My dear Theo,
I thank Jo very much for writing to me,1 and knowing that you wish me to write you a line I’m letting you know that it’s very difficult for me to write, so disturbed is my mind.2 So I’m taking advantage of an interval.
Dr Peyron is really kind to me and really patient. You can imagine that I’m very deeply distressed that the attacks have recurred when I was already beginning to hope that it wouldn’t recur.
You’ll perhaps do well to write a line to Dr Peyron to say that working on my paintings is quite necessary to me for my recovery.
For these days, without anything to do and without being able to go into the room he had allocated me for doing my painting, are almost intolerable to me.  1v:2
I’ve received catalogue of the Gauguin, Bernard, Schuffenecker &c. exhibition, which I find interesting.3 G. also wrote me a kind letter, still a little vague and obscure, but anyway I must say that I think they’re quite right to have exhibited among themselves.
For many days I’ve been absolutely distraught, as in Arles,4 just as much if not worse, and it’s to be presumed that these crises will recur in the future, it is ABOMINABLE. I haven’t been able to eat for 4 days, as my throat is swollen. It’s not in order to complain too much, I hope, if I tell you these details, but to prove to you that I’m not yet in a fit state to go to Paris or to Pont-Aven unless it were to Charenton.5  1v:3
It appears that I pick up filthy things and eat them, although my memories of these bad moments are vague, and it appears to me that there’s something shady about it, still for the same reason that they have I don’t know what prejudice against painters here.6
I no longer see any possibility for courage or good hope, but anyway it wasn’t yesterday that we found out that this profession isn’t a happy one.
All the same it gives me pleasure that you’ve received that consignment from here, the landscapes.7 Thank you above all for that etching after Rembrandt.8 It’s surprising, and yet it makes me think again of the man with the staff in the La Caze gallery.9 If you want to do me a very, very great pleasure, then  1r:4 send a copy of it to Gauguin. Then the Rodin and Claude Monet brochure is really interesting.10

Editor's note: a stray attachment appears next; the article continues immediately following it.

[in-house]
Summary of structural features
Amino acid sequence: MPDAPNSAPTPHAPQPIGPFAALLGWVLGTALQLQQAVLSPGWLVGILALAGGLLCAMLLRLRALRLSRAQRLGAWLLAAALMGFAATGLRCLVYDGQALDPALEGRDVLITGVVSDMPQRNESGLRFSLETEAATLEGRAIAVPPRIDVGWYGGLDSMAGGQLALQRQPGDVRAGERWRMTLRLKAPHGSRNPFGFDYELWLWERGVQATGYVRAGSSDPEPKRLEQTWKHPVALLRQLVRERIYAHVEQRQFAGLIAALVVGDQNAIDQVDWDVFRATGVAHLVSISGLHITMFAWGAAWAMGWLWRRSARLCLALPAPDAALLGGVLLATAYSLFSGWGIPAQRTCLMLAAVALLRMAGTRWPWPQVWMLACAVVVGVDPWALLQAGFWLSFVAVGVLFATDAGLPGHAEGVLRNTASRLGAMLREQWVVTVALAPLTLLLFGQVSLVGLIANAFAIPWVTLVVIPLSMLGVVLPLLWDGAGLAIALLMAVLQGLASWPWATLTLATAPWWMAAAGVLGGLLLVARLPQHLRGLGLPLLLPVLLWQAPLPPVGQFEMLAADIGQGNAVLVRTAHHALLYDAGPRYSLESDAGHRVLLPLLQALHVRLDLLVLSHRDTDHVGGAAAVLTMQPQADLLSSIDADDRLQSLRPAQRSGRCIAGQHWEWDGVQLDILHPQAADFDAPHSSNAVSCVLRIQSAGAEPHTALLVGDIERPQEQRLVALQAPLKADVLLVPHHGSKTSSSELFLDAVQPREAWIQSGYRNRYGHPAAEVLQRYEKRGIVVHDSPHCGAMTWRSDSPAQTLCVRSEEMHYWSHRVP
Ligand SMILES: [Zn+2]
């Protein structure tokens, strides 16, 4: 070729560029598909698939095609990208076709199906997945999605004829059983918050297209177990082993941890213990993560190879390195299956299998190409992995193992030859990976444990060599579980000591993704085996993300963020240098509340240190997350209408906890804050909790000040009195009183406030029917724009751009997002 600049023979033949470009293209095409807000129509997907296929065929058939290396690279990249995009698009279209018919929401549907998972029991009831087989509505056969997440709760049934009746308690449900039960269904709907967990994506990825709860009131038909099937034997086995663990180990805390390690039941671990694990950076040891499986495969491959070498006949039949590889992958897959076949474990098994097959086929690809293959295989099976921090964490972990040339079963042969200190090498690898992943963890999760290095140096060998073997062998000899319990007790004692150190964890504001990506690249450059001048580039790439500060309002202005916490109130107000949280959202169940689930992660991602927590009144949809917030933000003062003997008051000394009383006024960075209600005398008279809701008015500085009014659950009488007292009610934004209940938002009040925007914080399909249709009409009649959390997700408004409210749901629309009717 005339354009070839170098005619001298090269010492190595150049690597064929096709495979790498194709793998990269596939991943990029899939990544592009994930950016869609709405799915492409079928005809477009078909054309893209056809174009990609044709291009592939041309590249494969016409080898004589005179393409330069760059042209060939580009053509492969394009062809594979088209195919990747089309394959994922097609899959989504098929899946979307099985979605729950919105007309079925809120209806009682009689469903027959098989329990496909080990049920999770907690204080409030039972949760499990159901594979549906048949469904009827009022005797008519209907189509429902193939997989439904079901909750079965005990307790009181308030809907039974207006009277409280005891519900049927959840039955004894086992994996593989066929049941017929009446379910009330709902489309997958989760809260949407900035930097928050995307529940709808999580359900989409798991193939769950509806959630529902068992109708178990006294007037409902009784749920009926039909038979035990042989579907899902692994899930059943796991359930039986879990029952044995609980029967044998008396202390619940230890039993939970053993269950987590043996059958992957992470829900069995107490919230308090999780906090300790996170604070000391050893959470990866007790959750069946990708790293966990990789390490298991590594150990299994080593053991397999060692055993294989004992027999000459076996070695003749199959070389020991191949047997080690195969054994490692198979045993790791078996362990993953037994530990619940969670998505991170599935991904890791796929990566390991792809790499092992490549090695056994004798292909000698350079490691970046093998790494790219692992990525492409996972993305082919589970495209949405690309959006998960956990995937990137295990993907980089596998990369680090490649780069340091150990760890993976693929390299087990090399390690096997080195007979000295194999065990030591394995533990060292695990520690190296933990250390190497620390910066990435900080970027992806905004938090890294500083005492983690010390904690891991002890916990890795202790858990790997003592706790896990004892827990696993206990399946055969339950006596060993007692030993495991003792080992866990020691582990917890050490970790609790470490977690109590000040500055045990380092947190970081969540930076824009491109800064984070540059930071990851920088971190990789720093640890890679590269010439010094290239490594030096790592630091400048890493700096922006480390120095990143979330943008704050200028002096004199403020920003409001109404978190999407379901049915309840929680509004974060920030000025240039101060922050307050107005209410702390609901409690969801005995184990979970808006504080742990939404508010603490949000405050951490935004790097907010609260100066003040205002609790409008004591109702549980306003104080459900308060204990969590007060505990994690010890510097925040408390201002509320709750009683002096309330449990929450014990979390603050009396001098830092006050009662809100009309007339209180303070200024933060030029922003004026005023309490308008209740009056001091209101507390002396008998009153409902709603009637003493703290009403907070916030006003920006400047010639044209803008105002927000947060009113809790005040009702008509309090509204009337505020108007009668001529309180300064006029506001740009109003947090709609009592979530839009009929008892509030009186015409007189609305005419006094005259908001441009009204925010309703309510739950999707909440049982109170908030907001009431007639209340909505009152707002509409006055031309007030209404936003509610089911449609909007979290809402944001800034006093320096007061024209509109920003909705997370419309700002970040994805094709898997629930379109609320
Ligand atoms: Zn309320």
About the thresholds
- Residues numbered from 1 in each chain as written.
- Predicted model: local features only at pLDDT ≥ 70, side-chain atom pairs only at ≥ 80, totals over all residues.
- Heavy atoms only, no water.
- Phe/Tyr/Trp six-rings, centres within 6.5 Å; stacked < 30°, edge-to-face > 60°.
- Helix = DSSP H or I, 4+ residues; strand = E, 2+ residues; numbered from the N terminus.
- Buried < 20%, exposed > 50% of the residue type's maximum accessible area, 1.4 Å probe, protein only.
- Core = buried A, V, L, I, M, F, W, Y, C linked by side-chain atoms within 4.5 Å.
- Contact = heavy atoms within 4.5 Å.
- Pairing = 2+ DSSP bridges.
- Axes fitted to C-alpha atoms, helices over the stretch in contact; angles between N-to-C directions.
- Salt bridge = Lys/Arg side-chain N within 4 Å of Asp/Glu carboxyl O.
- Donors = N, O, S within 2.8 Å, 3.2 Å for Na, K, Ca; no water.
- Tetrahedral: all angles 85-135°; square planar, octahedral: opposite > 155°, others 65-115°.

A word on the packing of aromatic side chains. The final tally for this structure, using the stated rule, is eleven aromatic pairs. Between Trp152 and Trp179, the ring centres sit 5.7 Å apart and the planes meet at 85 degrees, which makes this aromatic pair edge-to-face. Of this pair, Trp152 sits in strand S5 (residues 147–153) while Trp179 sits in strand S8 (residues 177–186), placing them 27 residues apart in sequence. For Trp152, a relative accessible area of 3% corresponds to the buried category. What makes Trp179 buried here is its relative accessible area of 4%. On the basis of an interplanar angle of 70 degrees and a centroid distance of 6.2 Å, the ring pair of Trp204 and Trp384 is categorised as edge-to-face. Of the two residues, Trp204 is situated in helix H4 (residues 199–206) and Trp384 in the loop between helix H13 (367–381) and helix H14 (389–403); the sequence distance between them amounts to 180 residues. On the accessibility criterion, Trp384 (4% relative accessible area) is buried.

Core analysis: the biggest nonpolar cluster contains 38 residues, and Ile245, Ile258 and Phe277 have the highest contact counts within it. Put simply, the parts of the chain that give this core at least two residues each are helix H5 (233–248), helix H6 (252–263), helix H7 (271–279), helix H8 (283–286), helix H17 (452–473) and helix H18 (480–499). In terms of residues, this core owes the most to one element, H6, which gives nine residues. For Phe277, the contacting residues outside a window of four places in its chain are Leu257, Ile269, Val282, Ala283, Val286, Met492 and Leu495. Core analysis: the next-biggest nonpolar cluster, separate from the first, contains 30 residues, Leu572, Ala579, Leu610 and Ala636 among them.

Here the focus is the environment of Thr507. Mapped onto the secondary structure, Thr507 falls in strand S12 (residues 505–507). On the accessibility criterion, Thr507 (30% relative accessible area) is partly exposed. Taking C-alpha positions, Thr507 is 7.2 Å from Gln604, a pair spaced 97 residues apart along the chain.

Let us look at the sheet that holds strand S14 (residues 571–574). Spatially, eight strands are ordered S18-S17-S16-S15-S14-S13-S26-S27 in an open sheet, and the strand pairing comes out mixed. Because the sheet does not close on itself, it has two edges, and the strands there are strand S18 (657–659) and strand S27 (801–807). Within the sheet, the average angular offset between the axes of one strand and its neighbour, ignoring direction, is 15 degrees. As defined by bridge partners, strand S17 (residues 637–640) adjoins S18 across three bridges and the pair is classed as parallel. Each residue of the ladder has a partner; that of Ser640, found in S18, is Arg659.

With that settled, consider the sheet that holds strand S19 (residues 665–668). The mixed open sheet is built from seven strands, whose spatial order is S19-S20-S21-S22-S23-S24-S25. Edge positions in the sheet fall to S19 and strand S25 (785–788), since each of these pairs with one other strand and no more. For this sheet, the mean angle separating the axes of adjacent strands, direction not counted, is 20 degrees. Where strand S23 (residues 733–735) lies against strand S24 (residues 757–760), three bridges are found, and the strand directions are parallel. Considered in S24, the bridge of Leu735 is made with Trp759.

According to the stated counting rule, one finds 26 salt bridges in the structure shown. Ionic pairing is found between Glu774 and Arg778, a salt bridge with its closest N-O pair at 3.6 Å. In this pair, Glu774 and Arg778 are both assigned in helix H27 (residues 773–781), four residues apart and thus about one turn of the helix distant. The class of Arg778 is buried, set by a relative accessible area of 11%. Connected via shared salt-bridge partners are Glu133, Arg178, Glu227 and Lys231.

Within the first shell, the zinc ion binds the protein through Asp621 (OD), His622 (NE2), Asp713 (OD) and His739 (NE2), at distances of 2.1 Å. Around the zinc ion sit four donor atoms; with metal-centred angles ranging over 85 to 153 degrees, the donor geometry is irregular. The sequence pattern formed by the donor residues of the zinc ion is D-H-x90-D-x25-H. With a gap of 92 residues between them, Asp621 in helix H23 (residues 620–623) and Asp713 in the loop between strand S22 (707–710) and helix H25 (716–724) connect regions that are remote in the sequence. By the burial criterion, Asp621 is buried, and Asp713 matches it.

This new crisis, my dear brother, came upon me in the fields, and when I was in the middle of painting on a windy day. I’ll send you the canvas, which I nevertheless finished.11 And it was precisely a more sober attempt, matt in colour without looking impressive, broken greens, reds and rusty ochre yellows, as I told you that from time to time I felt a desire to begin again with a palette like the one in the north.
I’ll send you that canvas as soon as I can. Good-day, thank you for all your kindnesses, good handshake to you and to Jo, and naturally to Cor if he’s still there.12


Mother and Wil have also written me a very nice letter.

Whilst not liking Rod’s book excessively, I’ve nevertheless done a canvas of that passage in which he speaks of the darkish mountains and huts.13

(Our friend Roulin has written to me too.)14


Br. 1990: 798 | CL: 601
From: Vincent van Gogh
To: Theo van Gogh
Date: Saint-Rémy-de-Provence, Thursday, 22 August 1889

1. This was letter 795.
2. Theo wrote about this to Willemien: ‘The news from Vincent is very bad these last few days, or rather for about two weeks we had nothing but a single letter from the doctor. He appears to have been thoroughly ill again. Fortunately yesterday a letter from himself again in which he has high praise for his treatment and the doctor, but he feels dreadfully how awful it is not to be on sure ground’ (FR b924, 24 August 1889).